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What are the Family Procedure Rules?

View profile for Frances Cromwell
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On 29 April 2024, the Family Procedure Rules (“FPR”) were amended to try and enhance the use of non-court dispute resolution to resolve financial and children-related disputes. The amendments place an obligation on parties, family lawyers and the Courts to use non-court-based methods as an alternative to Court proceedings. There continues to be exceptions such as in cases which involve domestic abuse however, those involved will need to keep the situation under active review and consider whether alternative dispute processes are appropriate.    

What are the Family Procedure Rules?

The Family Procedure Rules were created in 2010 and govern the procedures and practices within the Family Court system. The Rules outline practice directions, the powers of Judges and standardise court procedures across England and Wales.

What are the changes to the Family Procedure Rules?

The amendments to the FPR have expanded the definition of non-court dispute resolution beyond the previous focus on mediation to include a wide range of methods such as:

  1. Mediation;
  2. Arbitration;
  3. An evaluation by a neutral third party; and
  4. Collaborative divorce.

There is now an obligation on parties to actively engage with non-court dispute resolution methods before making an application to the Court. Furthermore, the Court will now expect parties to keep the question of whether non-court dispute resolution is appropriate throughout the matter, rather than just before issuing proceedings.

Previously under the FPR there was an expectation that parties engage in mediation before bringing an application to Court and attend a Mediation Information & Assessment Meeting (“MIAM”). There were exceptions to this rule and these exceptions have been tightened as part of these changes to the FPR. These amendments include:

  1. Parties could previously claim an exemption where an application to the court is urgent, and a delay would cause “unreasonable hardship”. This has been changed to “significant financial hardship”.
  2. In situations where there is a lack of mediators in the local area, parties must now explain why it would not be appropriate to use an online mediation service.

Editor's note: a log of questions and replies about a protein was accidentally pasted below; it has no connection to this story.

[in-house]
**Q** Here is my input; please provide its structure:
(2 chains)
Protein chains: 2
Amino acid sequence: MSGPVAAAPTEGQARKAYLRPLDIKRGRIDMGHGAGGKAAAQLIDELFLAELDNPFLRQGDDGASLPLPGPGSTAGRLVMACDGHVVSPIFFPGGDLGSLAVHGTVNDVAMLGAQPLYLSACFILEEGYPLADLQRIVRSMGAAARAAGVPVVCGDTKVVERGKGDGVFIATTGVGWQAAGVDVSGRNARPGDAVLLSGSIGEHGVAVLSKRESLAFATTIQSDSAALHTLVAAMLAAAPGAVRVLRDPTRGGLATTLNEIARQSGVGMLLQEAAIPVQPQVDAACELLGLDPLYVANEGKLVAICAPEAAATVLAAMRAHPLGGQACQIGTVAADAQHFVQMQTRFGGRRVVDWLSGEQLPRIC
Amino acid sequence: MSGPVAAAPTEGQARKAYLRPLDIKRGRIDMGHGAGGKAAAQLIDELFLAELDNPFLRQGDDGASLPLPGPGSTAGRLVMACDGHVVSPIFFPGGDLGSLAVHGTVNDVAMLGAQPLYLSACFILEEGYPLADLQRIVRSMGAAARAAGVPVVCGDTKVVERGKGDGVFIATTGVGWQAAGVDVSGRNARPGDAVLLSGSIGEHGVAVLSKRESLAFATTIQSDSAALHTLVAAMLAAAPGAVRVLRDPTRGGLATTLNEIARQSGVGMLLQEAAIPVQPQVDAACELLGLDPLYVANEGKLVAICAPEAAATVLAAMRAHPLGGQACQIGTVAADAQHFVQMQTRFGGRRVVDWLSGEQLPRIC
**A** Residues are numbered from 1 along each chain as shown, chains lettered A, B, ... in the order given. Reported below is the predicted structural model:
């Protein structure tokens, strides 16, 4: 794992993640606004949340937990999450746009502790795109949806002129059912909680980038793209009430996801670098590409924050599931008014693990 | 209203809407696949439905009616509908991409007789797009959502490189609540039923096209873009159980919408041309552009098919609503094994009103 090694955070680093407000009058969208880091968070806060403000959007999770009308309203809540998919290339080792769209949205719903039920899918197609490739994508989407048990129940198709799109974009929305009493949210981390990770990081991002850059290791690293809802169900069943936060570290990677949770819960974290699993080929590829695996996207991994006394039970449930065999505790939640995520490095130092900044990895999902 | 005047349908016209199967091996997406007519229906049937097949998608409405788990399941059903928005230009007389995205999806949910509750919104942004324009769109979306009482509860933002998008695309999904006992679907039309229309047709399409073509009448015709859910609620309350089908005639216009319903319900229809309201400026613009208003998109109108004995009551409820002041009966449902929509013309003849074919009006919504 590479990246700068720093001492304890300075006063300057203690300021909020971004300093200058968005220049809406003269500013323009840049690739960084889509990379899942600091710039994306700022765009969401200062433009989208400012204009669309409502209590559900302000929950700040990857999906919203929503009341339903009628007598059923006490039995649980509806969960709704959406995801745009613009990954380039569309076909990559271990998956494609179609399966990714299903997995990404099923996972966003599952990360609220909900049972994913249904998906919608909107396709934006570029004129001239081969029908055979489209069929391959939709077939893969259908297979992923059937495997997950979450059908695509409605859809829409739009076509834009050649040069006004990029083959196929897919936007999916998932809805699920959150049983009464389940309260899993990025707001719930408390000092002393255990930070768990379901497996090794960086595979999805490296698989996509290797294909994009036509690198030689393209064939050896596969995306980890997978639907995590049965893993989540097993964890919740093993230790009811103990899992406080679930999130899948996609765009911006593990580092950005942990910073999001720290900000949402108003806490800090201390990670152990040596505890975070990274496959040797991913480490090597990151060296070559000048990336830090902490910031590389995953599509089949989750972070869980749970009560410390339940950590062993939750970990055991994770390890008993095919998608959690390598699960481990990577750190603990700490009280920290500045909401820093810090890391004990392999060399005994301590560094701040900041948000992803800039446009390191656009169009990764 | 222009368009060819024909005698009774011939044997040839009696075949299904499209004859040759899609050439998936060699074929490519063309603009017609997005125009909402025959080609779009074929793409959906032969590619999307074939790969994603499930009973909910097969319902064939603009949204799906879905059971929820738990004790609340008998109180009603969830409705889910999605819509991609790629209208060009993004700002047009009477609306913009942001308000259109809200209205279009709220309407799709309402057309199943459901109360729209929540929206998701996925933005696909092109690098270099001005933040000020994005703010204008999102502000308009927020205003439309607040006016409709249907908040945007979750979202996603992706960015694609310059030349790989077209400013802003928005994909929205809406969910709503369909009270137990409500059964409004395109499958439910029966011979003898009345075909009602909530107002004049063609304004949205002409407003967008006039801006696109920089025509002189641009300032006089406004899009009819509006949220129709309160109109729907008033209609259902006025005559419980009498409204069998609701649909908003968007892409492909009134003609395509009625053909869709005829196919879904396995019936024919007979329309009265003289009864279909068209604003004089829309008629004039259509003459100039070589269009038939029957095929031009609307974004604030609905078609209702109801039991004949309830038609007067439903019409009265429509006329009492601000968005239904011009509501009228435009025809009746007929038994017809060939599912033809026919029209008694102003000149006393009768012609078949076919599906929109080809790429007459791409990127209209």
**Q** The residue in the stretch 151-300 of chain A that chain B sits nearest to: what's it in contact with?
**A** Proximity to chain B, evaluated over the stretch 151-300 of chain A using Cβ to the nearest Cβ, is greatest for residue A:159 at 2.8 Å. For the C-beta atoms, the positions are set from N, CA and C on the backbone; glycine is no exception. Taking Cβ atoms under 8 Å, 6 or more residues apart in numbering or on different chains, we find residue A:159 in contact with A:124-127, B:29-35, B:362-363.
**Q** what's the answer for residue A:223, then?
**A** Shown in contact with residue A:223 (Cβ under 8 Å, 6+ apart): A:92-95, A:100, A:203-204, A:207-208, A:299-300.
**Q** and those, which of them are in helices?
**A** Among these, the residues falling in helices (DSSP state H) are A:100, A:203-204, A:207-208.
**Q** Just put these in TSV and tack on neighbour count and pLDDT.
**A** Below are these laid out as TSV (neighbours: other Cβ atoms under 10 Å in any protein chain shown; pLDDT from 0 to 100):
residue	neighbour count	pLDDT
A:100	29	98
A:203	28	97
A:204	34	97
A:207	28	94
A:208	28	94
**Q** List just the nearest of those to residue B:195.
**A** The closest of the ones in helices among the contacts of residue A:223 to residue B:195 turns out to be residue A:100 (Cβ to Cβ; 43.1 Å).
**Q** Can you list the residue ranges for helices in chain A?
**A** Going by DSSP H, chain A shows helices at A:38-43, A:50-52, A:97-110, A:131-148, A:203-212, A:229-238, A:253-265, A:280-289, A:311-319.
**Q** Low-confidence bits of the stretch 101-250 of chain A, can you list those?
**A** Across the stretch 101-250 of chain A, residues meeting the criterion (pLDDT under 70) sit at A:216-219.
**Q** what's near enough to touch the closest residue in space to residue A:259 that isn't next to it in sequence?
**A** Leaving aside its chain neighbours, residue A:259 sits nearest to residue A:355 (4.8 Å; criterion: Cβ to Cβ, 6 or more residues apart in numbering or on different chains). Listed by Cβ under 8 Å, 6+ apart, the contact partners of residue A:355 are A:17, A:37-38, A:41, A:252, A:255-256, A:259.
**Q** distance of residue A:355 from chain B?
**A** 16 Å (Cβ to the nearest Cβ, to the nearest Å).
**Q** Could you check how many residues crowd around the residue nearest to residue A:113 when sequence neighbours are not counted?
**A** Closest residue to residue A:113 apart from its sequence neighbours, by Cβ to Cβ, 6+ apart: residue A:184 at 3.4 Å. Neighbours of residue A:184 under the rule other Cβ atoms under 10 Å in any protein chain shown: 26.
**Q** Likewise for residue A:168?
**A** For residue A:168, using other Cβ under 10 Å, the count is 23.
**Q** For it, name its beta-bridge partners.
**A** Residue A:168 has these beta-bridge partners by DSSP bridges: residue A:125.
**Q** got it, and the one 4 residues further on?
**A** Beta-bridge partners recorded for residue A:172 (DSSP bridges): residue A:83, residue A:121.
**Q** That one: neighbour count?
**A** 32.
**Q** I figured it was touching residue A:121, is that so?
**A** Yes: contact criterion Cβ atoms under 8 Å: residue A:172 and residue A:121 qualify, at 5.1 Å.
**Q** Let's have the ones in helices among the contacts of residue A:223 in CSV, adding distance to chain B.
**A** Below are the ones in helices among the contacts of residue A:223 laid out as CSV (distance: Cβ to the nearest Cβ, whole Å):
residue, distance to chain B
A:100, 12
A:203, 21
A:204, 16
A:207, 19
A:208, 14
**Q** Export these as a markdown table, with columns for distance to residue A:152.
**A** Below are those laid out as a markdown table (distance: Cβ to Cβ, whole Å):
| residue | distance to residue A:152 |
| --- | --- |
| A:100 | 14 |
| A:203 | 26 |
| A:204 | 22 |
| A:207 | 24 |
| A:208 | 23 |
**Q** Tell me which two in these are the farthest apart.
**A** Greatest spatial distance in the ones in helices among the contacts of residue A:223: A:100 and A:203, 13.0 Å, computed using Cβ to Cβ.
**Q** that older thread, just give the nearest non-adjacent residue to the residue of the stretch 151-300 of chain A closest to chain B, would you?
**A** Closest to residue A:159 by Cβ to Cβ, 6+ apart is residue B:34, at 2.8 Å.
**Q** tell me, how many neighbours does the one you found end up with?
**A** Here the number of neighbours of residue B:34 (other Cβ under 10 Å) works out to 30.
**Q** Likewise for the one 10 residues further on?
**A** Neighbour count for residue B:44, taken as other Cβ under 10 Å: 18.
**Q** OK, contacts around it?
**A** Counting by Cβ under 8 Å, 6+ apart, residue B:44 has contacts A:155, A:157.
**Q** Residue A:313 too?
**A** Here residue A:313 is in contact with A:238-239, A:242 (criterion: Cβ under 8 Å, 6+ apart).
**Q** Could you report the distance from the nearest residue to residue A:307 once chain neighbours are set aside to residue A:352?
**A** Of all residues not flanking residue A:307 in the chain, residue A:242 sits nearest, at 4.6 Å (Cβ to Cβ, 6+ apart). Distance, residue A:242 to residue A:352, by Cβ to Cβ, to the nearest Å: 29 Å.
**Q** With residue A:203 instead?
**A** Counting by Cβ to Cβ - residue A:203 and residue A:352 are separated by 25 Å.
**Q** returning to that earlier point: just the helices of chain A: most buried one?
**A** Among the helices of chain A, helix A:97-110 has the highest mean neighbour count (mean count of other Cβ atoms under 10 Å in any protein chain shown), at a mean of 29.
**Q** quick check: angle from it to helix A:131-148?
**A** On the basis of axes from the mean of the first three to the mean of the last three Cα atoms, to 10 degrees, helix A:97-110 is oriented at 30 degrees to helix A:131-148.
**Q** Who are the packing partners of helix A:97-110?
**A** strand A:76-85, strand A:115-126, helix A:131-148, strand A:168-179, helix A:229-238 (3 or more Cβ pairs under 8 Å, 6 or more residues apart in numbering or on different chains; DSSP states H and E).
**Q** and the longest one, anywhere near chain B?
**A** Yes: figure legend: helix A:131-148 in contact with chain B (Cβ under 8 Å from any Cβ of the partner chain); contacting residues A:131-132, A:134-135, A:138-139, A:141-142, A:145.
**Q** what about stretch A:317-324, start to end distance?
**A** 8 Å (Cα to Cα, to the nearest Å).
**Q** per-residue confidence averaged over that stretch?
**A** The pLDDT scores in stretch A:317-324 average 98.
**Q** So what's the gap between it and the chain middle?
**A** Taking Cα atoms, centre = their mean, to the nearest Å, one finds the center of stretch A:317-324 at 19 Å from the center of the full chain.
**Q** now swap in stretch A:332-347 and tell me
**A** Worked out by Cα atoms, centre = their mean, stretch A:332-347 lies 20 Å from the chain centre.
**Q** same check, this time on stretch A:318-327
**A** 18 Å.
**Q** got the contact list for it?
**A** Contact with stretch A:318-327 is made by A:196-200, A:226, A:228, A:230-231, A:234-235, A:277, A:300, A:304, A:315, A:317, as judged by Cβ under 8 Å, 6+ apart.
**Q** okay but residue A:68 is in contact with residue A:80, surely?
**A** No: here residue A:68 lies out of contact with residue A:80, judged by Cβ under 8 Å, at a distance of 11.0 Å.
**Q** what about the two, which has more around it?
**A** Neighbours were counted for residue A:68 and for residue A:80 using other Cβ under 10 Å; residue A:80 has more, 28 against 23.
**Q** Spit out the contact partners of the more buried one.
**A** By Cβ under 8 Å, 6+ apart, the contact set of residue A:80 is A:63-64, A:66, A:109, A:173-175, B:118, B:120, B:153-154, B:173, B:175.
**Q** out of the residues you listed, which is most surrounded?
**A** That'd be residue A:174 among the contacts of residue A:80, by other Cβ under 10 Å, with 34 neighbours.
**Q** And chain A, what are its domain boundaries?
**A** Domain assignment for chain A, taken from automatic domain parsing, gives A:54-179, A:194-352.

3. There is now a legal mandate for mediators at MIAMs to inform parties about all the suitable forms of non-court dispute resolution and provide comprehensive information on each option.
  4. The definition of the domestic violence exception has been expanded from instances of domestic violence to domestic abuse. This is a recognition of a greater understanding of what can constitute as abuse in a relationship.

The new Rules also require parties to file and serve a form, setting out their views on the suitability of using non-court dispute resolution to resolve their matter. It is anticipated that moving forward, Judges will have a greater understanding of the range of non-court dispute resolution available and will therefore, be able to determine whether there is an appropriate resolution method for the case. 

The rules have changed to give the Court greater case management powers to encourage the use of alternative methods. While the Court cannot mandate engagement of non-court dispute resolution, they can adjourn proceedings and recommend the parties engage in non-court methods, without the need for their agreement. If parties fail to engage with non-court dispute resolution without good reason, then the Court could depart from the “no orders as to costs” principle. Therefore, it is in the best interests of those involved in proceedings to always bear non-court dispute resolution in mind.

Going forward

Ultimately, it is hoped that these amendments will change the culture of family disputes by encouraging settlement through less contentious routes. In theory, this should help parties avoid costly litigation and reduce the exposure of children to parental conflict. The purpose of these changes is to try and promote amicable resolutions between parties and to ensure that Court proceedings are only used in circumstances where no other approach would be appropriate.